The former president of Uruguay José Mujica referred to the death of Danilo Astori, referent of Wide Front and who was his vice president between 2010 and 2015: “A piece of ourselves left,” he acknowledged, visibly moved.
The leader of Popular Participation Movement (MPP) was consulted by TV Ciudad about his feelings regarding the news of the death of the 83-year-old former vice president and former Minister of Economy, who had been going through serious health problems. He acknowledged speaking from “the heart and not so much from the thought” given the recentness of the event. “A piece of ourselves is gone, a piece of our head, also a piece of our feelings,” said the Broad Front leader.
Likewise, he described Astori as “a formidable companion in the management of the entire epic of the Front, representative of an important sector of society.” Mujica also highlighted his “thinking head that was permanently there to moderate us and help us reflect a little in the long term”, realizing one of the characteristics of the leader of Uruguay Assembly which was also recognized by the entire political spectrum.
“I am deeply sorry and I am even more sorry because I had a talk with him pending and it could not happen.” Asked about the topic of that conversation, the former president acknowledged that “I had to thank him and wanted to acknowledge that at a crucial moment I should have supported him, in ’14, for him to be a candidate.” “I couldn’t say it to him but I tell him Uruguayan people”, Mujica expressed.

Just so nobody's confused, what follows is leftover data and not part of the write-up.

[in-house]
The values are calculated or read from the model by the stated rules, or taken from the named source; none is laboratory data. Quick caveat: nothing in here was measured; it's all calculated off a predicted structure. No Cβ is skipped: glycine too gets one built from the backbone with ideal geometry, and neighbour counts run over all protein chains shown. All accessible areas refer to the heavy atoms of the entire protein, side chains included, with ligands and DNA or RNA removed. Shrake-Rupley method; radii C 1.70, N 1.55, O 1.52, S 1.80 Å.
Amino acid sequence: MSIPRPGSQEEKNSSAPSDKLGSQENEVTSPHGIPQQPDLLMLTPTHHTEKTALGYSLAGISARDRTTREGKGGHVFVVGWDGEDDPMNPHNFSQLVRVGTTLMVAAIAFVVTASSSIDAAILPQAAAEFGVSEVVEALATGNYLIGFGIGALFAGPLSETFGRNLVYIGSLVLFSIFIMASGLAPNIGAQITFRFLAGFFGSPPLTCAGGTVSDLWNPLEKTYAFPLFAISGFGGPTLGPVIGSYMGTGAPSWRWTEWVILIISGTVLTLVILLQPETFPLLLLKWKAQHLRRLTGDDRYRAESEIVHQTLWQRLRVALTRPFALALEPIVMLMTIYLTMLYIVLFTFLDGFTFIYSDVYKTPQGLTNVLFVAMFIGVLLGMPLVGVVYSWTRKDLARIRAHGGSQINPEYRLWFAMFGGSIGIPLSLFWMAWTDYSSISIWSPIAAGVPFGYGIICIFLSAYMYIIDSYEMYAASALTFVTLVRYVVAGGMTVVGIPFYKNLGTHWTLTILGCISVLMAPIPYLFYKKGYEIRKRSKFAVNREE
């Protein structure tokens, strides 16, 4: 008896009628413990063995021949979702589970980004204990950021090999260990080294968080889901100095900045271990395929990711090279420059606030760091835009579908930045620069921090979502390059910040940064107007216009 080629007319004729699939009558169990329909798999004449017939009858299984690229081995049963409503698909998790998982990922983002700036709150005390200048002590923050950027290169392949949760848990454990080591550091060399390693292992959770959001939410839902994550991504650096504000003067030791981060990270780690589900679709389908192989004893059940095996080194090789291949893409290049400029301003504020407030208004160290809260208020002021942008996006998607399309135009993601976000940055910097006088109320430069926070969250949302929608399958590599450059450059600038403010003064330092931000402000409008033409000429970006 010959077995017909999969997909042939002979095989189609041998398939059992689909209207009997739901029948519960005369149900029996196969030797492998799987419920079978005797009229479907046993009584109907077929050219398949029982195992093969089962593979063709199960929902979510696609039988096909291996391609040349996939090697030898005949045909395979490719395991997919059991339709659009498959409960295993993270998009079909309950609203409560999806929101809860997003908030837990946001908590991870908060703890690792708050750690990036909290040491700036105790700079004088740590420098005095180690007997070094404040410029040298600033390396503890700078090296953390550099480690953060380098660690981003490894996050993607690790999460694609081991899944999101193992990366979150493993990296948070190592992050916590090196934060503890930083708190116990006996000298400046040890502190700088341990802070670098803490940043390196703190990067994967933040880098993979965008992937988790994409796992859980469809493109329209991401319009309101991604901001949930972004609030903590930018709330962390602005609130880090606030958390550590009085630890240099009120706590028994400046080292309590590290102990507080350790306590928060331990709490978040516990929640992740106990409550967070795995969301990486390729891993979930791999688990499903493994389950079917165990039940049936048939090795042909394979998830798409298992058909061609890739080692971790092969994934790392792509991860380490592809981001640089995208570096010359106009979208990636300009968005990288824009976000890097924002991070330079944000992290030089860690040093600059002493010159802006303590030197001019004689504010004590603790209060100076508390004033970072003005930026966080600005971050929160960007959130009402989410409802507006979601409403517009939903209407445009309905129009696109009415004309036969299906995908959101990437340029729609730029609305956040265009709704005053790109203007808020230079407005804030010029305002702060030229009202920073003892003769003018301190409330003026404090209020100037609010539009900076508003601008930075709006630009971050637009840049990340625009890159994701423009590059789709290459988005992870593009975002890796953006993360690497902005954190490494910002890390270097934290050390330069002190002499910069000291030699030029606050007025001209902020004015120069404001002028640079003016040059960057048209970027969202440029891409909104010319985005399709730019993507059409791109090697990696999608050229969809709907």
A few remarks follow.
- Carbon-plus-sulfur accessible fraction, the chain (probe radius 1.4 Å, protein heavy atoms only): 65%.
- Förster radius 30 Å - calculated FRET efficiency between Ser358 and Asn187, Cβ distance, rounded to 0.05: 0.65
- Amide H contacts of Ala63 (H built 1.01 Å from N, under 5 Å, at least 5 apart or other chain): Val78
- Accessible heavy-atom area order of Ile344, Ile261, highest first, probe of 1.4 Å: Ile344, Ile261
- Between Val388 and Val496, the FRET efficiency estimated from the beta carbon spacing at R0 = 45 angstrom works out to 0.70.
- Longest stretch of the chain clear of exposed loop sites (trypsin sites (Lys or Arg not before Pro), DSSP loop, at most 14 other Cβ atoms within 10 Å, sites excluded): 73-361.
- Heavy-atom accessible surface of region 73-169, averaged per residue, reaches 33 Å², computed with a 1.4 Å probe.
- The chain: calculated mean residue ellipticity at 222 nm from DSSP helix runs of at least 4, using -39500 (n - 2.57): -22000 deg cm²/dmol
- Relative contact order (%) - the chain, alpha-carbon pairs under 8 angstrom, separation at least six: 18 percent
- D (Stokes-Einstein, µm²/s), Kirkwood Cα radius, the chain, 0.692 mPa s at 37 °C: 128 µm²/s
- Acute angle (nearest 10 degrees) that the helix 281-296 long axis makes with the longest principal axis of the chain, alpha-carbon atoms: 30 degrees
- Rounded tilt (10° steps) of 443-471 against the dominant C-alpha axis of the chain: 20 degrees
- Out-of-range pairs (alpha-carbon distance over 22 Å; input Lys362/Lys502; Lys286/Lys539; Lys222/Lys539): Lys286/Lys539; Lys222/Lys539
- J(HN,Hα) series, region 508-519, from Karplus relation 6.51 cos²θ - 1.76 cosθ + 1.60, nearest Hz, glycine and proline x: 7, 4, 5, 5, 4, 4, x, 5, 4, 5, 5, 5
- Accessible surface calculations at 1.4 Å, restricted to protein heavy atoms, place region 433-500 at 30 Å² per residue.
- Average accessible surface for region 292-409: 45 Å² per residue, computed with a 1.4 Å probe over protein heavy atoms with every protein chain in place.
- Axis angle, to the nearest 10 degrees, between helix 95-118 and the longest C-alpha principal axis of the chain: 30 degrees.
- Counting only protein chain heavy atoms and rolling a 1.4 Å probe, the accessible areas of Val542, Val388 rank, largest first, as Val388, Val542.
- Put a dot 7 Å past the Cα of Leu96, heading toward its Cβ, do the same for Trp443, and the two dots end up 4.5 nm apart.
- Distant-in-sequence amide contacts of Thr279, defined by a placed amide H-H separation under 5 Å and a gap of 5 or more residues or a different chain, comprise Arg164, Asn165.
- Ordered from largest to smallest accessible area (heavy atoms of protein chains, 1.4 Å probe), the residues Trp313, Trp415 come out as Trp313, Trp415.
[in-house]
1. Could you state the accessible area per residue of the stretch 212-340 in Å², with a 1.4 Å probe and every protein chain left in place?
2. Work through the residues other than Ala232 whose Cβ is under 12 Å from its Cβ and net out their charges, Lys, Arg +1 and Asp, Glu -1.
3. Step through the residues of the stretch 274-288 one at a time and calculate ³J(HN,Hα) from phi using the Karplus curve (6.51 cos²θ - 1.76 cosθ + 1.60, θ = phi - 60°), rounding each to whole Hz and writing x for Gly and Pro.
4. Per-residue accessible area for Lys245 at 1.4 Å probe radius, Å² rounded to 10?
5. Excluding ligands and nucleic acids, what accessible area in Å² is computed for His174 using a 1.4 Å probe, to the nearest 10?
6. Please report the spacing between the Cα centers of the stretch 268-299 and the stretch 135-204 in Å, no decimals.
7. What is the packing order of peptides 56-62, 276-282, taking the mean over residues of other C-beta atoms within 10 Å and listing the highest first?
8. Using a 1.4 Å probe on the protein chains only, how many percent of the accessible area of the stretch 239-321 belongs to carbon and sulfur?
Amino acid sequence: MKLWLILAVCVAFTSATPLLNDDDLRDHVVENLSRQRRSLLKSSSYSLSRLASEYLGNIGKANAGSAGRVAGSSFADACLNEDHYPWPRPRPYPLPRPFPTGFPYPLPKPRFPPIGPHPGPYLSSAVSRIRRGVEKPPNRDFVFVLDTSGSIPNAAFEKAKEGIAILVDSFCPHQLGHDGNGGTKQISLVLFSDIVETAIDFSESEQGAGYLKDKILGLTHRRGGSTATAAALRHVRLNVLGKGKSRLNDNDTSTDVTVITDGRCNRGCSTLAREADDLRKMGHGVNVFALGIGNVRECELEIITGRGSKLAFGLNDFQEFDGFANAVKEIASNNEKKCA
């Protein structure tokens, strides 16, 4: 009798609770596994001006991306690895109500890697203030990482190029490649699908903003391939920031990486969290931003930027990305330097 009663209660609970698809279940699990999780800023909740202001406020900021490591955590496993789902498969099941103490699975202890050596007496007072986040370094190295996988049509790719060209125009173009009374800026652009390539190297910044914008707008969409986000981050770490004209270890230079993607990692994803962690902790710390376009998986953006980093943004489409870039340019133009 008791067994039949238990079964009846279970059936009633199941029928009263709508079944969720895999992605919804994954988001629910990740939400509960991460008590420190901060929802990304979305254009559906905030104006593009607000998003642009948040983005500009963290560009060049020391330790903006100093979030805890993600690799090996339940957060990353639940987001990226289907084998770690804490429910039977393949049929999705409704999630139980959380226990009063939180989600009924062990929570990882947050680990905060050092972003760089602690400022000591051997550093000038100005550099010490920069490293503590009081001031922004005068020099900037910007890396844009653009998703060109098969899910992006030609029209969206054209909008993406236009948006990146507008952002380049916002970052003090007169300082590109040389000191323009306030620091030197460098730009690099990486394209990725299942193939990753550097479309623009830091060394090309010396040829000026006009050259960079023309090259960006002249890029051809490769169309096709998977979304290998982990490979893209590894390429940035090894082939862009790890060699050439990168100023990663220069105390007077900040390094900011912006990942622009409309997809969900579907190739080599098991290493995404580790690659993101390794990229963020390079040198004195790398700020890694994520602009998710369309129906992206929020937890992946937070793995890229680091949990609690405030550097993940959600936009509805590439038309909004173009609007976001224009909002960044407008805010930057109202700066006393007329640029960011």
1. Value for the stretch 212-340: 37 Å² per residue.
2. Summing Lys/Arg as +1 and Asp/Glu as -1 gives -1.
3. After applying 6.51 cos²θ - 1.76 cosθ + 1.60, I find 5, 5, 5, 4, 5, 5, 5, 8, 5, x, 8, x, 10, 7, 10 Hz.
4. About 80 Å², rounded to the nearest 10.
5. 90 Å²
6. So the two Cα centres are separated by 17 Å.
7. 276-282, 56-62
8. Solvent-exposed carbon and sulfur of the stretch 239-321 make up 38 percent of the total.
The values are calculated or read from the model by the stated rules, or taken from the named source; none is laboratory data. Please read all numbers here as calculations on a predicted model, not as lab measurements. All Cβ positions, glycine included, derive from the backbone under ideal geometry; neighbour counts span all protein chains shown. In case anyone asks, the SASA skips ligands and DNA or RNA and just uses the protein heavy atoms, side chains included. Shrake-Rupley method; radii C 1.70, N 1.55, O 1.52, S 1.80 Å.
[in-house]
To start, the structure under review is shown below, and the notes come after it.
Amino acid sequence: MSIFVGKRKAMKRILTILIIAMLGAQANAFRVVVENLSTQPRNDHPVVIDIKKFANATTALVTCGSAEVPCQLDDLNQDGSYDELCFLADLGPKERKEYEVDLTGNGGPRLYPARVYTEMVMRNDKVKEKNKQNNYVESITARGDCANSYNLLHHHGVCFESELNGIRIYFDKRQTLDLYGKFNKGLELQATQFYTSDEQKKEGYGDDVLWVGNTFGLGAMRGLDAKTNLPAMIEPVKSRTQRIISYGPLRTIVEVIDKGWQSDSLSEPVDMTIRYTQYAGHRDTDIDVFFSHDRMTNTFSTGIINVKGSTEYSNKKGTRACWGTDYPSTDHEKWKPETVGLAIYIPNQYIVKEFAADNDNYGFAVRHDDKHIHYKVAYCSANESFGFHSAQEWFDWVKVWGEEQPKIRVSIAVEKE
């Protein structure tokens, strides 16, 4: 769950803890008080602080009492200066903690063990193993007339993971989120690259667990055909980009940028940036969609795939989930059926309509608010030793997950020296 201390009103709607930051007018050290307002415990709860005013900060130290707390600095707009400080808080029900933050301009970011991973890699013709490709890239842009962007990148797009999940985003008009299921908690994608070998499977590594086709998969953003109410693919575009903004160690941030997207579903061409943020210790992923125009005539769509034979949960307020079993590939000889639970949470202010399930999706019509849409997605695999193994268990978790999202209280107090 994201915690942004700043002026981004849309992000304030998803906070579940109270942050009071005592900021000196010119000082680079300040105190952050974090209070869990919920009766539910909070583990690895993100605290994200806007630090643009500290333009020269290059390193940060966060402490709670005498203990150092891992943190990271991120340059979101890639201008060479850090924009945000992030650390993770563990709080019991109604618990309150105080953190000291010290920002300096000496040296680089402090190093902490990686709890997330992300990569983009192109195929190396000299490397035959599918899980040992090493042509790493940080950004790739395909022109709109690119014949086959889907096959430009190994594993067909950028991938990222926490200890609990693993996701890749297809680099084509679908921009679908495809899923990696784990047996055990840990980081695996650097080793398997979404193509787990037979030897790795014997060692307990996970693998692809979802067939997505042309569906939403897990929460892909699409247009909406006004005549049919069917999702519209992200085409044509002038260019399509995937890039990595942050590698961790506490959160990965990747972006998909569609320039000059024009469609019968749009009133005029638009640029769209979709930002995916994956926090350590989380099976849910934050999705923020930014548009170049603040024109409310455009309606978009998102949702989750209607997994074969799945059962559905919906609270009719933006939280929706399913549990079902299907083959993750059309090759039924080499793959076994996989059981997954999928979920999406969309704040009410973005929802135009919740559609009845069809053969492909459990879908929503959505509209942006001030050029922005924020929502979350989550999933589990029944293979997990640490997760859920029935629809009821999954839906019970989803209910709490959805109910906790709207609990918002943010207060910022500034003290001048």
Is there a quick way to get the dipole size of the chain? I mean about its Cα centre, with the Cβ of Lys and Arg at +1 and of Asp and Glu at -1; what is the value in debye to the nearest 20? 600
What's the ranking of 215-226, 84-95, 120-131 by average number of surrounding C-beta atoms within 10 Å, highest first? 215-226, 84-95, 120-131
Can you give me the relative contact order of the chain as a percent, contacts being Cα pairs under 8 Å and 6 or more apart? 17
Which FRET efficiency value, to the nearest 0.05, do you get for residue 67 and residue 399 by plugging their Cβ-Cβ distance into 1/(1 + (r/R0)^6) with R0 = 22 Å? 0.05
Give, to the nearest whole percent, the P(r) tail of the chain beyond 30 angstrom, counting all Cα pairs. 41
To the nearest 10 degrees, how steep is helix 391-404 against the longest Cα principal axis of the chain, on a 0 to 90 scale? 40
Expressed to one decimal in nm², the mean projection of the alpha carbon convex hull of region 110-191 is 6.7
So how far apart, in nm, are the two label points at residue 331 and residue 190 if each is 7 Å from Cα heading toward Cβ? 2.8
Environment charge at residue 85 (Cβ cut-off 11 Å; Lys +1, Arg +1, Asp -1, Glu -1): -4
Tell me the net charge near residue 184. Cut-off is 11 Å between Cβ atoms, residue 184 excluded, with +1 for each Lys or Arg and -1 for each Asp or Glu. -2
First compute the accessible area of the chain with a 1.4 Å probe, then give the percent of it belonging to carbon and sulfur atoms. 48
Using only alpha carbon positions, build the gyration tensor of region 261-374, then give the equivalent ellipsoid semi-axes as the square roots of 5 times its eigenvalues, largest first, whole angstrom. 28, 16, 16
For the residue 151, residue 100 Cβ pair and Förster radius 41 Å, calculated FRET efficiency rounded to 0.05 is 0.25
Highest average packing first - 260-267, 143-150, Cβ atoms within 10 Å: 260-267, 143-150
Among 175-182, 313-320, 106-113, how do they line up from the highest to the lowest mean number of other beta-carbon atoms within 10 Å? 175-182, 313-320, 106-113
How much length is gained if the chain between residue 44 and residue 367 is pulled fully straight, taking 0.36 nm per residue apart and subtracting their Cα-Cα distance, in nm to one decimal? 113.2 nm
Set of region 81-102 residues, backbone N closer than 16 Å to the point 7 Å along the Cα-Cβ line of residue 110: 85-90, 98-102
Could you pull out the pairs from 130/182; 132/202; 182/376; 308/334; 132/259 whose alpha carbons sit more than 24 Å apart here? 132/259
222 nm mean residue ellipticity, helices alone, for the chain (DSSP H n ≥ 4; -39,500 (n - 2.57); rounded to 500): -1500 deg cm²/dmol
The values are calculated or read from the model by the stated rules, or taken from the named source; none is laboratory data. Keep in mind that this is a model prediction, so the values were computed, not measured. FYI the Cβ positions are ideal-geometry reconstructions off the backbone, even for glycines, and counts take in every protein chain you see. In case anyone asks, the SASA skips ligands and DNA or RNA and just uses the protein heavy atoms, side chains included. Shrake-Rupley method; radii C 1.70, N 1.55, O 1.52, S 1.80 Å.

A legacy in the Frente Amplio
Astori was one of the founders of the Frente Amplio in 1971. Although he entered the Senate for the first time in 1990, a position for which he was elected in 1989 when he joined the presidential ticket with Liber Seregni —as a candidate for vice president— and headed all the lists for the Upper House.
Jazz lover and fan of National, The former vice president of the Republic earned the recognition of all political sectors, from his place as a reference for the moderate Frente Amplistas wing, which even led him to oppose his co-religionists on occasions such as his support for the constitutional reform of 1996 that introduced the ballot to the electoral system—something that the majority of the leaders of the left coalition opposed.
As Minister of Economy in the two administrations of Tabare Vazquez At the head of the government, Astori became a “guarantee of stability” and a sign of moderation for opponents. In 2018 the international magazine Global Markets distinguished him as the Finance Minister of the Year in Latin America. His team included both the Broad Front senator Mario Bergara —to whom he had given his support in the face of internal party elections for the 2024 elections—, as the current Minister of Economy and Finance Azucena Arbeleche.
In November 2022, finally, the Broad Front leader took a step aside from his political career that, at that time, he exercised as a senator: his health problems kept him largely absent from his seat in the Upper House of the legislature made up of the government of Luis Lacalle Pou —he attended only three of the 120 sessions that had elapsed since February 15, 2020—, so he decided to resign from the position for which he had been elected.